People have bred the common pigeon, Columba livia, for almost four thousand years. Those, who loved and cared for these birds, have ranged from emperors to peasants, from old to young, have been members of all races, creeds and types, and have provided their charges with accommodations ranging from palatial to just a few simple holes in a roof. The birds don't care. They are easy to please and thrive well for their breeders, provided they are allowed their few basic necessities.
These needs are simply clean water, clean food, and a dry living space where they can rear their young. Pigeons are not ducks. Permanent dampness, such as that found around a leaky water container or in a soggy-floored loft because of poor construction, often leads to disease problems. So, too, does food or water that is allowed to be contaminated with fecal material or other waste.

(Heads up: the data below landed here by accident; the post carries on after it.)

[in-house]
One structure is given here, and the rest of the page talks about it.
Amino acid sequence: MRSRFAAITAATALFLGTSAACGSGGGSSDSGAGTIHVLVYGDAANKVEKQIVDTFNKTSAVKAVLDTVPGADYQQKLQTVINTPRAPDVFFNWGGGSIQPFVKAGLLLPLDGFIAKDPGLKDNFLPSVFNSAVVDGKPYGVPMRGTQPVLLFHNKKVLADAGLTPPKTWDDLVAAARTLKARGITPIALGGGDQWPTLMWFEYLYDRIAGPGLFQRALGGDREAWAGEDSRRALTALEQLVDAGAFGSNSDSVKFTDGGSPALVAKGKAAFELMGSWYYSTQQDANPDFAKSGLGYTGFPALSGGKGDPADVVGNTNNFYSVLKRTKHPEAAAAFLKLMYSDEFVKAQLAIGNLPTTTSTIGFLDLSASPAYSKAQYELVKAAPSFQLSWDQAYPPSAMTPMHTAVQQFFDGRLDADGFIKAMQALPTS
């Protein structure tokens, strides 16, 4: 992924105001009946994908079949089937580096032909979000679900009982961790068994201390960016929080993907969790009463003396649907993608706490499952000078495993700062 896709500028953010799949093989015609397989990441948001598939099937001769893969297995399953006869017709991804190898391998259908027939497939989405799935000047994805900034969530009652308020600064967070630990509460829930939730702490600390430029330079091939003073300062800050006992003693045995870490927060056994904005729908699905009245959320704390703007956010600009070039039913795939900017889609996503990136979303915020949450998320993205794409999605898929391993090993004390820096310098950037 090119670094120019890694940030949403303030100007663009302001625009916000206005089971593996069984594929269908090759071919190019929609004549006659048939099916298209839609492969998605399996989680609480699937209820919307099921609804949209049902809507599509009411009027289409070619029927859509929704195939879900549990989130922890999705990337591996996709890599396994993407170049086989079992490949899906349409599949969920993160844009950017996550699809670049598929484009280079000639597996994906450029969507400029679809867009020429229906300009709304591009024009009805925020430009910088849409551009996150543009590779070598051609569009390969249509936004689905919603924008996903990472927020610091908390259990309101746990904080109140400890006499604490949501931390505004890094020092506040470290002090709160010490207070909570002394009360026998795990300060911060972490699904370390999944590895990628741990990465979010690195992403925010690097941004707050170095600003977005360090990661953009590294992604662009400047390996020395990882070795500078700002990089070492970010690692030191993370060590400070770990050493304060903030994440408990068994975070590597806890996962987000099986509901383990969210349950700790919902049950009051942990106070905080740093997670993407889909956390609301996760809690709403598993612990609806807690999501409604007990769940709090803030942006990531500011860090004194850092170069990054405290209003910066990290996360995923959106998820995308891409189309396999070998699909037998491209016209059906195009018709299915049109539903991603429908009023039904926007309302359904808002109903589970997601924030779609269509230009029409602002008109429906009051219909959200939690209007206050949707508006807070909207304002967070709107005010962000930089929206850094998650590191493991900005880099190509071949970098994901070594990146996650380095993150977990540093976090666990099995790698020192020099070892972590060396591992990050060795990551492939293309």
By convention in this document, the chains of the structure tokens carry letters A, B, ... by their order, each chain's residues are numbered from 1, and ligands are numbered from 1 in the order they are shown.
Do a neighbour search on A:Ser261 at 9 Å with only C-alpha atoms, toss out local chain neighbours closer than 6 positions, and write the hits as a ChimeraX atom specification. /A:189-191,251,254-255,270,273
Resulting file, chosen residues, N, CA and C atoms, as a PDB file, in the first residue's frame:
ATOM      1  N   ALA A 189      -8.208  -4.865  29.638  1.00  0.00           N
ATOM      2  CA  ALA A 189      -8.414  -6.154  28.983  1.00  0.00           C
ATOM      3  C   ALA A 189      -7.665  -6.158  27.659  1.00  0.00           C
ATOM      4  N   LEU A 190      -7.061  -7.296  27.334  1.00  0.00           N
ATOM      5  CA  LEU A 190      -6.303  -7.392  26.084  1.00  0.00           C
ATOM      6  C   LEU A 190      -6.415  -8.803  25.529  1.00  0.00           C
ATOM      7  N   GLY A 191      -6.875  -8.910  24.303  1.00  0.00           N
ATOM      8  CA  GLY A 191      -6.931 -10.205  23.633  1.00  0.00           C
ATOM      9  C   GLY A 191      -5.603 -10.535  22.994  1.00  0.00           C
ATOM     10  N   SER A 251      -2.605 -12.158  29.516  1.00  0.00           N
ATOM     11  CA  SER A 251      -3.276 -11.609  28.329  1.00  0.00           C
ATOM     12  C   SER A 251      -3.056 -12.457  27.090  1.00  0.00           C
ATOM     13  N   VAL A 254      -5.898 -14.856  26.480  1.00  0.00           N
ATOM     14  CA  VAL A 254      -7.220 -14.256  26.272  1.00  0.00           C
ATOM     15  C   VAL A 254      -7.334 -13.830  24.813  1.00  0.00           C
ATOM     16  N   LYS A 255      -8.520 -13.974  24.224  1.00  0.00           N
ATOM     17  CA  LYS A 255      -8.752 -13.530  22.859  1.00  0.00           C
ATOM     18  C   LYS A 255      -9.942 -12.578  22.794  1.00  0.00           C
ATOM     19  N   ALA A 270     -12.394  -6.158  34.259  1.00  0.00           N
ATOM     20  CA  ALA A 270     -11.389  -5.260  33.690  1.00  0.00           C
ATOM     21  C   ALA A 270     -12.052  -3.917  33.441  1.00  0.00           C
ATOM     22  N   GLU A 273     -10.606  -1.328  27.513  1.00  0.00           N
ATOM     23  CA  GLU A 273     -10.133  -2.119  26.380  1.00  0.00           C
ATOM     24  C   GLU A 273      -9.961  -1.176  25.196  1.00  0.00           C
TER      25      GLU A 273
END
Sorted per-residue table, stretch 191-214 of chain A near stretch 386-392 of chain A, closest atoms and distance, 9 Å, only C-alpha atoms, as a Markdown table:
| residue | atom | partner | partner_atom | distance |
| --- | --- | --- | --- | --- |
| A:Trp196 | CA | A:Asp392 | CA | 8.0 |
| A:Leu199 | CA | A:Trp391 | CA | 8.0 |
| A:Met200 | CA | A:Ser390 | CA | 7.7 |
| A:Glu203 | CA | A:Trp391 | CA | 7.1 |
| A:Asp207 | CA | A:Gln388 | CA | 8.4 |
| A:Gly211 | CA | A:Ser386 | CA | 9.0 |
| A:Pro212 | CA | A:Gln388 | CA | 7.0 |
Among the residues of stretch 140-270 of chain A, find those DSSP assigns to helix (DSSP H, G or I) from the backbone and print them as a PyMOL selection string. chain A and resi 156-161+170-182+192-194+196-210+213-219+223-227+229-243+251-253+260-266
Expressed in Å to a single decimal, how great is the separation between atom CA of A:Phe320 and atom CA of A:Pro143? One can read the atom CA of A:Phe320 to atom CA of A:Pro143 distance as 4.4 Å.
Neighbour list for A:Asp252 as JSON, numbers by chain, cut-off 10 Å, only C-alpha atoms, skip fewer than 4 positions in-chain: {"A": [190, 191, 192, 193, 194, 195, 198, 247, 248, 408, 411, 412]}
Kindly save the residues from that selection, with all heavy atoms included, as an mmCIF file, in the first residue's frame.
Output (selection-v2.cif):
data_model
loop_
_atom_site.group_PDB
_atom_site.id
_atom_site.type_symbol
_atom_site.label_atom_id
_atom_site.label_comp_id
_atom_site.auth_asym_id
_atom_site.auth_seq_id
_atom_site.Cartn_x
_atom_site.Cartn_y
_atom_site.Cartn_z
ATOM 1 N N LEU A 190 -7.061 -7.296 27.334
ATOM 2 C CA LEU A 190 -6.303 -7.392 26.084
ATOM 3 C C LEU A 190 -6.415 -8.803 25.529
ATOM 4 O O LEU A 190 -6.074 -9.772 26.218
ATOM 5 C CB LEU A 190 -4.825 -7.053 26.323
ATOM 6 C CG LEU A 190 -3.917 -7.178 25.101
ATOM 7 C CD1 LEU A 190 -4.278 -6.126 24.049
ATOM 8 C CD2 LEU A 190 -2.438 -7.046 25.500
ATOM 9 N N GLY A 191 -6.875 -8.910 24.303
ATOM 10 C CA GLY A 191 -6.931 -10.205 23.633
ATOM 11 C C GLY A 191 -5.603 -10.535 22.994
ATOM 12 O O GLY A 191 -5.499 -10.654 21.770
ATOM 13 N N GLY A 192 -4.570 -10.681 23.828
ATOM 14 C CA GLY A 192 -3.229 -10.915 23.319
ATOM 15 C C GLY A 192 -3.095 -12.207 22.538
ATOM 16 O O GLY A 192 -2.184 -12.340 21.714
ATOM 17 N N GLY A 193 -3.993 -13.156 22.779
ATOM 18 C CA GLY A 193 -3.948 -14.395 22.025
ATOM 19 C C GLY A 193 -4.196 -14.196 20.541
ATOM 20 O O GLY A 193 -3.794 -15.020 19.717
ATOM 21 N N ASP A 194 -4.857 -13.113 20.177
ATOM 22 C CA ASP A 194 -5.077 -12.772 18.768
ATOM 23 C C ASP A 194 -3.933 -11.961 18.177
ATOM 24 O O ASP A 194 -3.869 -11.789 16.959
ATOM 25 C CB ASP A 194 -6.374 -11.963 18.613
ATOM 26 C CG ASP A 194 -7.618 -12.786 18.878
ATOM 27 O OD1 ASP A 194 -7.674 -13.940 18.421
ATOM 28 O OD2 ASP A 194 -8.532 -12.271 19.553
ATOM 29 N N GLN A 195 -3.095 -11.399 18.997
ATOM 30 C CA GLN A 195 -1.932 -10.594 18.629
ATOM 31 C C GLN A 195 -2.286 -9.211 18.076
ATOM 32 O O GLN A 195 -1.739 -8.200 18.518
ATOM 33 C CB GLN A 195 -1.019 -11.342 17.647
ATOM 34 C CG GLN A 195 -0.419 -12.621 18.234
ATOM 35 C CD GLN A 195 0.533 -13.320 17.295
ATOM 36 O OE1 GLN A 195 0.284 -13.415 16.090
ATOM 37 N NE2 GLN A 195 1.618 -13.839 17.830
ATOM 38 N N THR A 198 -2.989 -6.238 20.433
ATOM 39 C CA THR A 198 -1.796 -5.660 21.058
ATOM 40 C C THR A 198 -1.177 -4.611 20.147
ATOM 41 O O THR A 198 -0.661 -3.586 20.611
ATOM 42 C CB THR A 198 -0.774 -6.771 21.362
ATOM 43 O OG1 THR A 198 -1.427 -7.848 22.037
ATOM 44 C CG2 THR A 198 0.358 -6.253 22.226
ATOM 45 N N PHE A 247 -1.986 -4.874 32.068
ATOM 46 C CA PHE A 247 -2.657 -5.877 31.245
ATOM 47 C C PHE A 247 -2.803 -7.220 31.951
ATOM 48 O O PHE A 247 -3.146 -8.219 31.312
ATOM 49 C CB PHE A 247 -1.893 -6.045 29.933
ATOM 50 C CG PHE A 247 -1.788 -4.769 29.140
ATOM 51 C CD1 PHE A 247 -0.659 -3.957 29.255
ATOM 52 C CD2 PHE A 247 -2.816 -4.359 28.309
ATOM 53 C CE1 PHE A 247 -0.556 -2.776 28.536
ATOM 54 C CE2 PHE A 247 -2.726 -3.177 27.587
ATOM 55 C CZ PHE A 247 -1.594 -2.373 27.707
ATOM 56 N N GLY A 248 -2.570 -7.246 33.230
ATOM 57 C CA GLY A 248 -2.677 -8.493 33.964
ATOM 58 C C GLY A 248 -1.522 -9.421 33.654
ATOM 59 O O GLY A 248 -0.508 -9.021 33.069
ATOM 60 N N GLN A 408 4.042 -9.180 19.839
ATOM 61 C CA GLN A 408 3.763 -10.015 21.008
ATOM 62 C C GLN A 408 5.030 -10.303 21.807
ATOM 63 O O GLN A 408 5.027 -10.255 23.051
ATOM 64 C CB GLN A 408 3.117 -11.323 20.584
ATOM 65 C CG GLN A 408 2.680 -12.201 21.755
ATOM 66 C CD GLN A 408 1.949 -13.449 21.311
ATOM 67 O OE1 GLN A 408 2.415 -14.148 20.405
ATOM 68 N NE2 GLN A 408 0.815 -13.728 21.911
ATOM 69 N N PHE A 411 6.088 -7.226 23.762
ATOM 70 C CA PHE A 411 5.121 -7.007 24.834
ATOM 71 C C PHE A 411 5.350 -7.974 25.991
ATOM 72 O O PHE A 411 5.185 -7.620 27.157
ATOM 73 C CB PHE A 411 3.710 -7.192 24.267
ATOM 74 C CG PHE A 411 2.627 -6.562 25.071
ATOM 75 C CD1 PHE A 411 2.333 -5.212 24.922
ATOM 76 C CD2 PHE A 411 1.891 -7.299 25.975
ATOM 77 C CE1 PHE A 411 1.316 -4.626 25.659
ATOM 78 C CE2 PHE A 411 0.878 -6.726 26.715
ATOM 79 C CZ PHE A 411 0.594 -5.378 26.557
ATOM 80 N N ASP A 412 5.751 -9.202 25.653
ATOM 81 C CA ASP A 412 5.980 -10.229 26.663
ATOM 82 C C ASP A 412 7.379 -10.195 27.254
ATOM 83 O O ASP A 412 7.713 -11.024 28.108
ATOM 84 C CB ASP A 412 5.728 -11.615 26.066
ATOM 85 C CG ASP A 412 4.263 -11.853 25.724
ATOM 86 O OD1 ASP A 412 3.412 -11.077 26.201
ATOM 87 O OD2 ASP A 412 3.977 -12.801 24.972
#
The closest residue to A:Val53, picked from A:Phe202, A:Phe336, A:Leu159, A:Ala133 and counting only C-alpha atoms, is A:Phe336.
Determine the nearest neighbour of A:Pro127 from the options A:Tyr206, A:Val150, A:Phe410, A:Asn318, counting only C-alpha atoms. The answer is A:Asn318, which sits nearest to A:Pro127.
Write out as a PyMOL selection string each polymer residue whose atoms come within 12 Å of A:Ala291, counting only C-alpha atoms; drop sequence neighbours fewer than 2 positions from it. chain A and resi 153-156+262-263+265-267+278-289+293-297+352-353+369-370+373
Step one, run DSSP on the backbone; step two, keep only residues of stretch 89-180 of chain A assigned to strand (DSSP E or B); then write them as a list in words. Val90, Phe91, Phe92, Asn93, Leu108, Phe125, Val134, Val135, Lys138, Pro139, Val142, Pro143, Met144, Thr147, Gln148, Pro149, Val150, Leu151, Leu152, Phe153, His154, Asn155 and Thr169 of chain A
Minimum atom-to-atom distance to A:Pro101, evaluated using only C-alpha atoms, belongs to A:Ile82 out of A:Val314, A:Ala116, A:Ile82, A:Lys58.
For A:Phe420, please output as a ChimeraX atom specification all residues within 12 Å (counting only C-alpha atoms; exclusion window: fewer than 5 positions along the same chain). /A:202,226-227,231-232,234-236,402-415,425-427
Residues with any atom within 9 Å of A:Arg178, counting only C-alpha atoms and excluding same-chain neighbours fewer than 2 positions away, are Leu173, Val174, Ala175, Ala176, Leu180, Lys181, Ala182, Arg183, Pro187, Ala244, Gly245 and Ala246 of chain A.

A just weaned, blue bar (wild-type), racing homer in juvenile plumage. Photo by N. Verkist.
A "lemon" check cock and hen from South Africa. This may be a new combination or a new mutation. At first, they look to be simply Ash-red dilute, but closer inspection of these and other photos of more "lemons" shows them to be much more "yellow" than known ash-red dilutes. Addendum: 2009 - these birds have been shown to be a new mutation called extreme dilute. This mutation is recessive sex-linked and is also recessive to both prviously known alleles dilute and pale. Photos from Dr. Wim Peters.